Emma Roberts hasn't had a whole lot of experience in roles like this, but she comes out swinging and nails the perfect deadpan delivery style needed to counter balance the outlandishness of everyone elses performances. Then there is Will Poulter who easily steals every single scene he is in (and raps pretty good for a white kid too) as the clueless virgin who is just happy to be part of a family, even if that family is comprised of a homeless girl, a stripper and a drug dealer.
The supporting cast is also fairly strong. Ed Helms turns in an energetic (and very odd) performance as the drug lord that Sudekis works for, and Nick Offerman and Kathryn Hahn play a real suburban family that befriends the Millers on their trip who turn out to be a little more willing to experiment than they first let on. Overall, just about everyone is on the ball and do their part to keep the film amusing from beginning to end.
However, that is part of the problem, its more amusing than anything else. Clearly everyone involved was shooting for laugh-out-loud moments, which it has, but they are few and far between. There are two different types of comedies going on within the same movie here, the fake family movie which we came to see and the road trip movie which we have seen countless times before in other similar films. The balance isn't tilted in the right direction though which results in too many road trip jokes and far too few fake family jokes.
With most of the comedy unfortunately focused on the more standard road trip stuff instead of the fact that they aren't really a family, the film becomes more of a chuckle-fest than anything else. Aside from a couple of stand-out moments involving Kenny, a spider and a classic rap song, the road trip stuff isn't very inspired. Thankfully whenever the Millers are either forced to act like a real family or indirectly act in a completely contradictory way to being a real family, the film goes from squandering its great potential into fully realizing it, if even for only a handful of scenes.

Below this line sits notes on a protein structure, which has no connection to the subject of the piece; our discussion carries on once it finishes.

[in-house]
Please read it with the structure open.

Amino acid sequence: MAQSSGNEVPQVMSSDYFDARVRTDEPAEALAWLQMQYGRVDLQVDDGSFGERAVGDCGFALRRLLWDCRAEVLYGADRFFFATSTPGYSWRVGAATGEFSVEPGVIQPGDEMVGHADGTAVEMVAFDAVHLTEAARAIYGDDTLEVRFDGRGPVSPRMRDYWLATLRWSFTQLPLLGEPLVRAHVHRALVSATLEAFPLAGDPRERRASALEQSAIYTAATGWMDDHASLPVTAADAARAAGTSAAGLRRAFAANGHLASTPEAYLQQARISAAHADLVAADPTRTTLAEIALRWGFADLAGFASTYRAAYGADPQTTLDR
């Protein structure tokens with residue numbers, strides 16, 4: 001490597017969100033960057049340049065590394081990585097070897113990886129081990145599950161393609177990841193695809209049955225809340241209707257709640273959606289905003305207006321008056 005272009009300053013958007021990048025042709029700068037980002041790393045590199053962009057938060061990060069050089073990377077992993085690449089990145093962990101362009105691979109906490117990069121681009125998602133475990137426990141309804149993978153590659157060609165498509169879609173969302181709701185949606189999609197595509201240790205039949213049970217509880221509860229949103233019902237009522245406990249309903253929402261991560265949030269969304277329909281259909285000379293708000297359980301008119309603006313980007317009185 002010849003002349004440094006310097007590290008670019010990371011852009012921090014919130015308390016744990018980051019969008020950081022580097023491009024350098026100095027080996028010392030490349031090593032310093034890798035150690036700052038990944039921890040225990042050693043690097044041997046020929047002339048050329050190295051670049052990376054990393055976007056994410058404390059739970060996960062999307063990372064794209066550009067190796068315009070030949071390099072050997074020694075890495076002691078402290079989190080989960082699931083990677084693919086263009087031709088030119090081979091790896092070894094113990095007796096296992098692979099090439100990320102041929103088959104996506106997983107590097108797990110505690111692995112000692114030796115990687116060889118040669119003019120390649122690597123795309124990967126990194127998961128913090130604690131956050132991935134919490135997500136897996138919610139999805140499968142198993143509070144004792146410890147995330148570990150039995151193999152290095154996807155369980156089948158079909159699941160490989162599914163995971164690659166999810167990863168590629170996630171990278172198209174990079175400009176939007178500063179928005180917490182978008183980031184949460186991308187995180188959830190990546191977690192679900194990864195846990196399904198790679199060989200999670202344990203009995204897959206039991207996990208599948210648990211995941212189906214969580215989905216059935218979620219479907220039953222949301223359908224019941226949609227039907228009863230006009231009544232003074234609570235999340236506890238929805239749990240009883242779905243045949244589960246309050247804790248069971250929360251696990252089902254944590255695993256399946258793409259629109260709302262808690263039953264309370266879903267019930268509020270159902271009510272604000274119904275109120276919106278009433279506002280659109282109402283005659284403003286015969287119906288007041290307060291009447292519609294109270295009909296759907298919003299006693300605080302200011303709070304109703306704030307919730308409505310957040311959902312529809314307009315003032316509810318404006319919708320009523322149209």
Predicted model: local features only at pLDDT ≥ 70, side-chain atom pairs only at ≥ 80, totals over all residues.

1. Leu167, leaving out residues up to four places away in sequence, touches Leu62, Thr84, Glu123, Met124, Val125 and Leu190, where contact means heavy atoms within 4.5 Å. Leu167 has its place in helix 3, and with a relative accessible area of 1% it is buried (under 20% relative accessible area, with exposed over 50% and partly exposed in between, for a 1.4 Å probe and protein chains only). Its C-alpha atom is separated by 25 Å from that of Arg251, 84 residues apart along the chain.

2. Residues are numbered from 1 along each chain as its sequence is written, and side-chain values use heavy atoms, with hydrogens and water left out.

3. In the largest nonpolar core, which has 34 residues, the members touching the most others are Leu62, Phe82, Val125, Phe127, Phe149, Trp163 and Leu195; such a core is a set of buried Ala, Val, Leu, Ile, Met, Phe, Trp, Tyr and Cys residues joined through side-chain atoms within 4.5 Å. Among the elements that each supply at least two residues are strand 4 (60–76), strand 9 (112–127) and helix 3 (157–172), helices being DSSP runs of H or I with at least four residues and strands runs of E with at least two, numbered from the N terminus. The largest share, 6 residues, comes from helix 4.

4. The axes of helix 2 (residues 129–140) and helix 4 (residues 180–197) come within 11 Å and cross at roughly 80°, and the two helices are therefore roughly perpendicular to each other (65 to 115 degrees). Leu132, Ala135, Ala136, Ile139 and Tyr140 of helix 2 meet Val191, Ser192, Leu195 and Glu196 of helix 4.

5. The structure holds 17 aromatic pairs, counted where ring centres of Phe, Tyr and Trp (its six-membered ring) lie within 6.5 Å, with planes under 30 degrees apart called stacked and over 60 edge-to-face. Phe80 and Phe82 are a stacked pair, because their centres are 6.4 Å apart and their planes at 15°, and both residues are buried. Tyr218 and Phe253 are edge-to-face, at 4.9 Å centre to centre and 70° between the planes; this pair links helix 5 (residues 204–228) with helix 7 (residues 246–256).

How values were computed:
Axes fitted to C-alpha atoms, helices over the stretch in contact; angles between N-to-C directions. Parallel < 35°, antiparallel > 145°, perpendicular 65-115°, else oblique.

From the kissing lessons the Kenny receives from his "sister", which goes to some unexpected places with appropriately hilarious results, to Kasey receiving a lecture from her "parents" about her new boyfriend Scotty P, who clearly has no ragrets, the film on occasion turns into the film we came to see. The only tragedy beyond there not being more scenes like those is that when they do occur, it just reminds us how much better the movie would have been if there were more of it.
However, the film does cast a spell of sorts that makes it difficult to really hate on it. Instead, you will likely be more disappointed than anything else, but your level of disappoint will range depending on whether or not those other factors mentioned earlier (the cast, script, director) worked for you or not. If you like the cast and are a fan or road trip movies, chances are "We're the Millers" will tickle your funny bone more often than not.
In the end, the dynamic between all the actors and a handful of well staged jokes with great payoffs makes "We're the Millers" a winner and a worthwhile endeavor for those looking for a fun time at the movies. As long as you don't go into it expecting it to deliver anything more than that, chances are your time with the Millers will be time well spent.